Today’s lesson: Anti-Oppression Don’t just talk about it be about it!

I’ve been noticing lately that everyone and their parent/guardian are doing anti-oppression training. Now I know what you’re thinking, “Shu, what the shit bleep is wrong with that, isn’t that what we want?”

Well yes, I would agree that recognizing one’s privilege is important, knowing forms of oppression we often do not think about is amazing, and those who take what they’ve learned and are doing the work in order to actually change the world around them is the point, but when we think, one or 10 workshops on anti-oppression make us the experts on the oppressions others face, it’s what some of us call, problematique. I see the raising of your eyebrows,  and the change in your body language– arms crossing, and closed body language–and I’d like to congratulate you on your discomfort with these words.

When you can name every oppression in the book it gets you mac-tivist points (who doesn’t want that?), even gets you  accolades that span beyond bedroom frolicking, but when you then constantly use such knowledge to then make light of the fact you are perpetuating such oppressions, it is, dare I say it again, problematique. It also makes it difficult to call you on your shit, because who wants to call out the funny mac-tivist? Nobody likes a party pooper right? Well guess what, I’m about to lay down some shit.

Stop making racist/sexist/ableist/transphobic/homophobic/xenophobic (i am using words you’ll understand…but you get what I’m saying) jokes when you know that’s what you’re doing….”oh my god i’m being such a racist/ableist/blah-phobic” is really not funny. A few rules on how to accomplish such:

Rule 1: if you know it’s offensive, try to unlearn it;
Rule 2: if you are fully aware that people most definitely will look at you with cocked heads, and venomous eyes, but because of the environment you’ve now created know you can get away with it, don’t bleeping FUCKING say it.
End of rules.

When someone calls you on your -phobic/-ist language or action, don’t, i mean, DO NOT, make light of it/deny it/look at them like they grew three heads all of a sudden, because most likely they’ll then feel: 1) too embarrassed; 2) too put on the spot; 3)too defensive (just like you’re about do) to continue with their train of thought. This will then put a halt to the healing process or the unlearning process that you were presumably trying to gain by taking those anti-oppression workshops in the first place.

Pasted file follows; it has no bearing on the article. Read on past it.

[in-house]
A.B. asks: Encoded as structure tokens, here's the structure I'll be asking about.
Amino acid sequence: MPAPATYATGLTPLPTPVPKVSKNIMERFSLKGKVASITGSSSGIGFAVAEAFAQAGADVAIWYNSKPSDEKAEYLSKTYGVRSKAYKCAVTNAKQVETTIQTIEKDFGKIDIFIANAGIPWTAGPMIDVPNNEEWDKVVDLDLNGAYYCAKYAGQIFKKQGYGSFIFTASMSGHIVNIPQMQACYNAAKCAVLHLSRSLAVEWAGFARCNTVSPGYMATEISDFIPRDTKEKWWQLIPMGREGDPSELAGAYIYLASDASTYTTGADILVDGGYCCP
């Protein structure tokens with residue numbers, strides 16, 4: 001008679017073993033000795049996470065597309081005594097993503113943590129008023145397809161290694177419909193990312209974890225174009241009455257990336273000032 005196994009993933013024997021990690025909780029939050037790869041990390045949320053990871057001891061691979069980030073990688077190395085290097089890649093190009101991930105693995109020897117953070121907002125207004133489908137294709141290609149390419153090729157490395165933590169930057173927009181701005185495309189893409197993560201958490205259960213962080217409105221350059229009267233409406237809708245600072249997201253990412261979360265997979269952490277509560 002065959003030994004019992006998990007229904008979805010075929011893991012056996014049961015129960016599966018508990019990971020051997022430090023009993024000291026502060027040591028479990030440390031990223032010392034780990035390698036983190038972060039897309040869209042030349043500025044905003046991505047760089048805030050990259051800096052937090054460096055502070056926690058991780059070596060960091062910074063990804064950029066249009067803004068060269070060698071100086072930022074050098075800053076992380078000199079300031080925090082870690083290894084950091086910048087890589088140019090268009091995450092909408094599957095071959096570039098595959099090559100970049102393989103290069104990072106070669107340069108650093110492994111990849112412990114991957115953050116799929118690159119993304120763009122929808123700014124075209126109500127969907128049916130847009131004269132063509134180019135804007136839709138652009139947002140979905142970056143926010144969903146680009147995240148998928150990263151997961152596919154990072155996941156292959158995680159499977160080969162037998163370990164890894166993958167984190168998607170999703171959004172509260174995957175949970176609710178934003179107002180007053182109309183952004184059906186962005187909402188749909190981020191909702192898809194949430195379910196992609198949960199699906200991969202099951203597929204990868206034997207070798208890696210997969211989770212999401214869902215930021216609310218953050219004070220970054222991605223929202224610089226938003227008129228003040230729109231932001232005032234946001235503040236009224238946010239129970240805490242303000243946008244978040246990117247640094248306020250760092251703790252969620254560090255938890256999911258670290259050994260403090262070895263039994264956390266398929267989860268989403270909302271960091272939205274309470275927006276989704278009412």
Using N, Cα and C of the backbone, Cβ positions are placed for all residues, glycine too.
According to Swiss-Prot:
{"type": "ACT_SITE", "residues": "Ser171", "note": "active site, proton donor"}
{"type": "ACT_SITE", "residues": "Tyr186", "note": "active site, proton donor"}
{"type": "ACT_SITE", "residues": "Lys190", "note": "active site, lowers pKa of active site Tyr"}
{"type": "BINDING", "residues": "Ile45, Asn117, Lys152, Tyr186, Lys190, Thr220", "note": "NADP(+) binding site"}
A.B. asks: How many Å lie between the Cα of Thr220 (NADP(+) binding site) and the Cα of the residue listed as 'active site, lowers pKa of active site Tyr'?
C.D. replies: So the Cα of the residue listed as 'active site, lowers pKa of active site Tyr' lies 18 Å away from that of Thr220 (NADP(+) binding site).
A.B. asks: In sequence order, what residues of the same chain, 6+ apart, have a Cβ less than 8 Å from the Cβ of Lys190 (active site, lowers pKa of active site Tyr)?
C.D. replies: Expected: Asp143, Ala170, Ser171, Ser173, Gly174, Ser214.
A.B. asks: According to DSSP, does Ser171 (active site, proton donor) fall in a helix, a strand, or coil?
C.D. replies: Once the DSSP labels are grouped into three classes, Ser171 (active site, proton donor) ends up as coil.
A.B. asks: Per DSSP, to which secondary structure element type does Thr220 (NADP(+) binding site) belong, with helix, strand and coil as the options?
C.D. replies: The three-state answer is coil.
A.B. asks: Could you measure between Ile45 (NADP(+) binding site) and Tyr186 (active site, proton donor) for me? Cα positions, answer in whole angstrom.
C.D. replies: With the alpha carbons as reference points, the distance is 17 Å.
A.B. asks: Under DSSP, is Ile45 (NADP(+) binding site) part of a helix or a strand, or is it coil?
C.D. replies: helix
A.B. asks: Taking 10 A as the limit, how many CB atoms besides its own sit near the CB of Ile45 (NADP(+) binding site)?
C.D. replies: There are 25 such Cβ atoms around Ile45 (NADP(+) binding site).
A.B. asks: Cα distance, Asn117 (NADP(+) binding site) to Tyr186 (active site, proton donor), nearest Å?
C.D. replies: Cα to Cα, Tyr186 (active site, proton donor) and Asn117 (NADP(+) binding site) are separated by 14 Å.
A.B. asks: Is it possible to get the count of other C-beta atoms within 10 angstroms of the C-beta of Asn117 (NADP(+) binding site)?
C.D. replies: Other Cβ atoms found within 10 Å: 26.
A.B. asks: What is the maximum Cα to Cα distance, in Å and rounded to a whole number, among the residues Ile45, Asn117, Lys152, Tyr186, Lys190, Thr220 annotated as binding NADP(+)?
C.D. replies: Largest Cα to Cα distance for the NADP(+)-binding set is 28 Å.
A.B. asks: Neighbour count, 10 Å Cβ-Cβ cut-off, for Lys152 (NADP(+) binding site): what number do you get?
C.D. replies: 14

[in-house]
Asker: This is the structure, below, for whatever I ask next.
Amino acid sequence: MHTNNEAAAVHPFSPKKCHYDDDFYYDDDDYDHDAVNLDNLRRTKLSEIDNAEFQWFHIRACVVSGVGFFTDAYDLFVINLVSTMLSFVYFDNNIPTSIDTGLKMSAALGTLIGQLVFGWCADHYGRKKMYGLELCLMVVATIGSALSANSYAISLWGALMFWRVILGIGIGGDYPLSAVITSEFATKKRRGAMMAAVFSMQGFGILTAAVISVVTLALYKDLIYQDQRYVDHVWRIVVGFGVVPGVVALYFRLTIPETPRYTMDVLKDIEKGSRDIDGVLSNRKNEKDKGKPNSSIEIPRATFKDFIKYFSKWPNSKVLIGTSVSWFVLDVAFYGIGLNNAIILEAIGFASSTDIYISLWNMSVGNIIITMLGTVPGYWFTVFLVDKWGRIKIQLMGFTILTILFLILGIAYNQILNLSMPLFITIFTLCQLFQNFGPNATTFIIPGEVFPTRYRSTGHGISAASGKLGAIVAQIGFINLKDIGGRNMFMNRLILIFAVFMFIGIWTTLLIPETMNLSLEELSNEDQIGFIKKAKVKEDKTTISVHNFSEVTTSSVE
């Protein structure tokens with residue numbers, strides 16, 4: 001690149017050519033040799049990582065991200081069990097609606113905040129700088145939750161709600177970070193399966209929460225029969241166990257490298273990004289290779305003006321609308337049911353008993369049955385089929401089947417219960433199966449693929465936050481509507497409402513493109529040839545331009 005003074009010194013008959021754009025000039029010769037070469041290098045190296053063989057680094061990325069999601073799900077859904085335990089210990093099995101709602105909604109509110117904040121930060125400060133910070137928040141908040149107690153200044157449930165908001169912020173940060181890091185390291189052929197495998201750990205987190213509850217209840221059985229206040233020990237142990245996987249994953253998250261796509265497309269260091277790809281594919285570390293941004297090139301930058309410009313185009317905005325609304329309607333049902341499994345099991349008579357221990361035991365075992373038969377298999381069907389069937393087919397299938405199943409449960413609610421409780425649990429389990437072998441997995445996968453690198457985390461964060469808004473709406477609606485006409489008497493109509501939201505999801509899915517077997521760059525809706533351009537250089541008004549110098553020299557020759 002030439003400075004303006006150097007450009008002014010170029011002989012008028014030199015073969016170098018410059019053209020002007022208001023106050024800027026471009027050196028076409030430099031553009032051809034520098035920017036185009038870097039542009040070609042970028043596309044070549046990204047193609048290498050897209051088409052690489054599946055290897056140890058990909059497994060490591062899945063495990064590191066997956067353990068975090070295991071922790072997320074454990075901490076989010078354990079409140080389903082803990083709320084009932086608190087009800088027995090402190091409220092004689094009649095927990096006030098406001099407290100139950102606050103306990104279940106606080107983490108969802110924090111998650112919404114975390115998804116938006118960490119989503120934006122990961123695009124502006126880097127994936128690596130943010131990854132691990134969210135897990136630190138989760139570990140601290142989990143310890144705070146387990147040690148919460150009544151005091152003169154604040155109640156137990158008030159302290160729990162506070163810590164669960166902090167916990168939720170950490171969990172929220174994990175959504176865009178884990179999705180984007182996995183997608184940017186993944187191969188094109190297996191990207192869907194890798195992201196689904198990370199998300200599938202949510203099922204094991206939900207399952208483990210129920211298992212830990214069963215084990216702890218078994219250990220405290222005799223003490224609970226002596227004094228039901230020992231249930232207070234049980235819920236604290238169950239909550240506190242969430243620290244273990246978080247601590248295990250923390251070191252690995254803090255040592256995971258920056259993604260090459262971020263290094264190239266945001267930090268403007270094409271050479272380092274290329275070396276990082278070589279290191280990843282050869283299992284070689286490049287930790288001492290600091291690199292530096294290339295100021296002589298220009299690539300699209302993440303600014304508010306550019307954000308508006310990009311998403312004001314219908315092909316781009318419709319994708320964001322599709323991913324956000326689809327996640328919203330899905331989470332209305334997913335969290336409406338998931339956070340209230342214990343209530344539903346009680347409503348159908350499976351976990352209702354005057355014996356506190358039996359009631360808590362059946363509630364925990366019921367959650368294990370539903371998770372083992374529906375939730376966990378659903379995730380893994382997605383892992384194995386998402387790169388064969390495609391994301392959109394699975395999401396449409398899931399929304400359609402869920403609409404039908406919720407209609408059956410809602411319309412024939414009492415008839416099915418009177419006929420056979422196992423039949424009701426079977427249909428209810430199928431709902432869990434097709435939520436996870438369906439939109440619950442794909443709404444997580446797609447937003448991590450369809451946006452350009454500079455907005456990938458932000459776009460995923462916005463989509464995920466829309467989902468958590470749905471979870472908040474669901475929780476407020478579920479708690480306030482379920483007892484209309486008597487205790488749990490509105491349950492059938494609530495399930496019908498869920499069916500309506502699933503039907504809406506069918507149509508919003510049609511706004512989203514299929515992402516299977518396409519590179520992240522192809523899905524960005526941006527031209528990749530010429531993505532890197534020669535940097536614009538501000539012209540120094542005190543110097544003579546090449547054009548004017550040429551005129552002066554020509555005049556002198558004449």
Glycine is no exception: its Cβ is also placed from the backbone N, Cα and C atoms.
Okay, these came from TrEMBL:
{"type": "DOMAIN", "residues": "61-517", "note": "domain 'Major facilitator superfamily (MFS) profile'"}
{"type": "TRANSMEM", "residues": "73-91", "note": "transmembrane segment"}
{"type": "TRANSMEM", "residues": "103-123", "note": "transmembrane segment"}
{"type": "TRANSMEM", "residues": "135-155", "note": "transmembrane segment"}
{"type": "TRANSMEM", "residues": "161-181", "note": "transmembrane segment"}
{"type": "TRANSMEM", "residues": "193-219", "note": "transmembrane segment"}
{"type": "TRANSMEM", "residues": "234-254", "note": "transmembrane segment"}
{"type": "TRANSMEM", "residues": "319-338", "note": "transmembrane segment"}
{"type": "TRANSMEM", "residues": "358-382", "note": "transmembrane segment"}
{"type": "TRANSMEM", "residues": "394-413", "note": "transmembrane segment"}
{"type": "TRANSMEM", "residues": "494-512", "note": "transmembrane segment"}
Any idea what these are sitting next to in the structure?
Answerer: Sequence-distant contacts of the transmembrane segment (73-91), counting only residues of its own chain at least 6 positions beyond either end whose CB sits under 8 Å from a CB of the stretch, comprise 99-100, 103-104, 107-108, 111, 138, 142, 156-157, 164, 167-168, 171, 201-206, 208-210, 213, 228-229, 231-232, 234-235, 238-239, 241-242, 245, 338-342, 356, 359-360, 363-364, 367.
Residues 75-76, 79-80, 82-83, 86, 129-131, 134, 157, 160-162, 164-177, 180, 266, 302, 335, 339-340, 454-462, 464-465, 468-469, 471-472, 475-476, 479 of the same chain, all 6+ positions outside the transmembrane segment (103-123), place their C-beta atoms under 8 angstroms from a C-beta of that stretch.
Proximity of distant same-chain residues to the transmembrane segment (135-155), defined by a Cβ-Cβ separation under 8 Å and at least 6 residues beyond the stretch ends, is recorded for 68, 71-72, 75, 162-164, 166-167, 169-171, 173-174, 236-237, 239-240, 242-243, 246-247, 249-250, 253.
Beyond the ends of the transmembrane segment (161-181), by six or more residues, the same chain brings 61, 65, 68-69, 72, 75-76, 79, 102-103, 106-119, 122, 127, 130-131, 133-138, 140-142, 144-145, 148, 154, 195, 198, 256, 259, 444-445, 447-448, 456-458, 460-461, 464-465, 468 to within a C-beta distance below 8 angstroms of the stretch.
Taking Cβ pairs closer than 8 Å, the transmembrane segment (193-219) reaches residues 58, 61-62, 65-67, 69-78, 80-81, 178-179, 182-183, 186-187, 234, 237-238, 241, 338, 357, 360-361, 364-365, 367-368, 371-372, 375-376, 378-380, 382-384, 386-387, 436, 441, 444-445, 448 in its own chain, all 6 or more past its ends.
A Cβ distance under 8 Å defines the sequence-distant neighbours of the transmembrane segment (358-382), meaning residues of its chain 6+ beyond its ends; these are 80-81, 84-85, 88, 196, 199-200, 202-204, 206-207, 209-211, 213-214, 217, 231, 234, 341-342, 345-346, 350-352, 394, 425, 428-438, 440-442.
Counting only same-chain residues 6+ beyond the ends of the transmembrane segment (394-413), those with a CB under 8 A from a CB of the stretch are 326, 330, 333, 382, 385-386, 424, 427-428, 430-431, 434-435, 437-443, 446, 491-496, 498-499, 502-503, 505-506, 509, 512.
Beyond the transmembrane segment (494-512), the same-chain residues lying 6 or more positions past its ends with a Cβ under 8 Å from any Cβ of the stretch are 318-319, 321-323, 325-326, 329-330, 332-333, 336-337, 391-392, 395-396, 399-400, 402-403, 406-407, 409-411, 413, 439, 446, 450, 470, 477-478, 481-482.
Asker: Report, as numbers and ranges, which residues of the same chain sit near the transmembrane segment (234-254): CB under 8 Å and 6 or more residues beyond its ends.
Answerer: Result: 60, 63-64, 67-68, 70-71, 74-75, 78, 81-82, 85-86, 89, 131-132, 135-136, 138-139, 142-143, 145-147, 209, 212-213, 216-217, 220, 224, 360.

Hear them out, and if you feel like there is something more to add do so. In the words of a friend who’s trying to help me curb my habit of over-apologizing , “Sorry doesn’t mean anything unless you follow through with actions to show me you’re actually changing the reason why you are apologizing for in the first place”–in other words, until you change the way you address people, or are conscious of your ‘obliviousness’ to how your actions effect others then sorry means nothing…soo..don’t um say sorry, unless you mean it!

Now that you’re sitting at the edge of your seat for the next step…..
Learn and move on, don’t dwell on how much of an asshole you were or have white/straight/cis/able-bodied guilt, move the fuck on. Chances are you are awesome, and will change your -ist/-phobic ways, and obviously it will take a while to do such—one or 10 anti-O workshops and my blog post, are not going to change you over night (don’t think that it will!) because to be about anti-o means you will have to constantly learn and re-learn, and un-learn). And as with everything else once you’ve addressed it in an honest and open hearted way, you will find out it isn’t really a big deal to be called out, it’s a big learning moment, and your friend/companion won’t hate you forever because you said sometime stupid, we all do from time to time. But by ignoring it, disregarding it, making light of it, means you are perpetuating what you supposedly are fighting.

Now don’t get me wrong, I am no expert on any/all oppession like previously stated, I’m merely an expert on my own experiences with the oppressions dealt to me. As such, I also welcome you to challenge me when I say something stupid, my queer, black ass could use a kick too, I know I am not exempt from this, you should know that too.

Another note about anti-oppression training, once you’ve finished the training or have read a really awesome article on anti-(enter oppression) stuff, please don’t present yourself as an expert, it’s not sexy. Quoting the presenter without any critical analysis, also not sexy, because that person is only speaking their truth, thus, you quoting them means you are taking their truth to be your own, without doing the work they did to come to their conclusions. My usual, “read a fucking book” retort won’t really apply here (though reading a book or two when/if you are able to is helpful) , as being an academic isn’t the answer, I say find your own truths in whatever way you can, just don’t steal someone else’s.

In love and respect,

Shu A.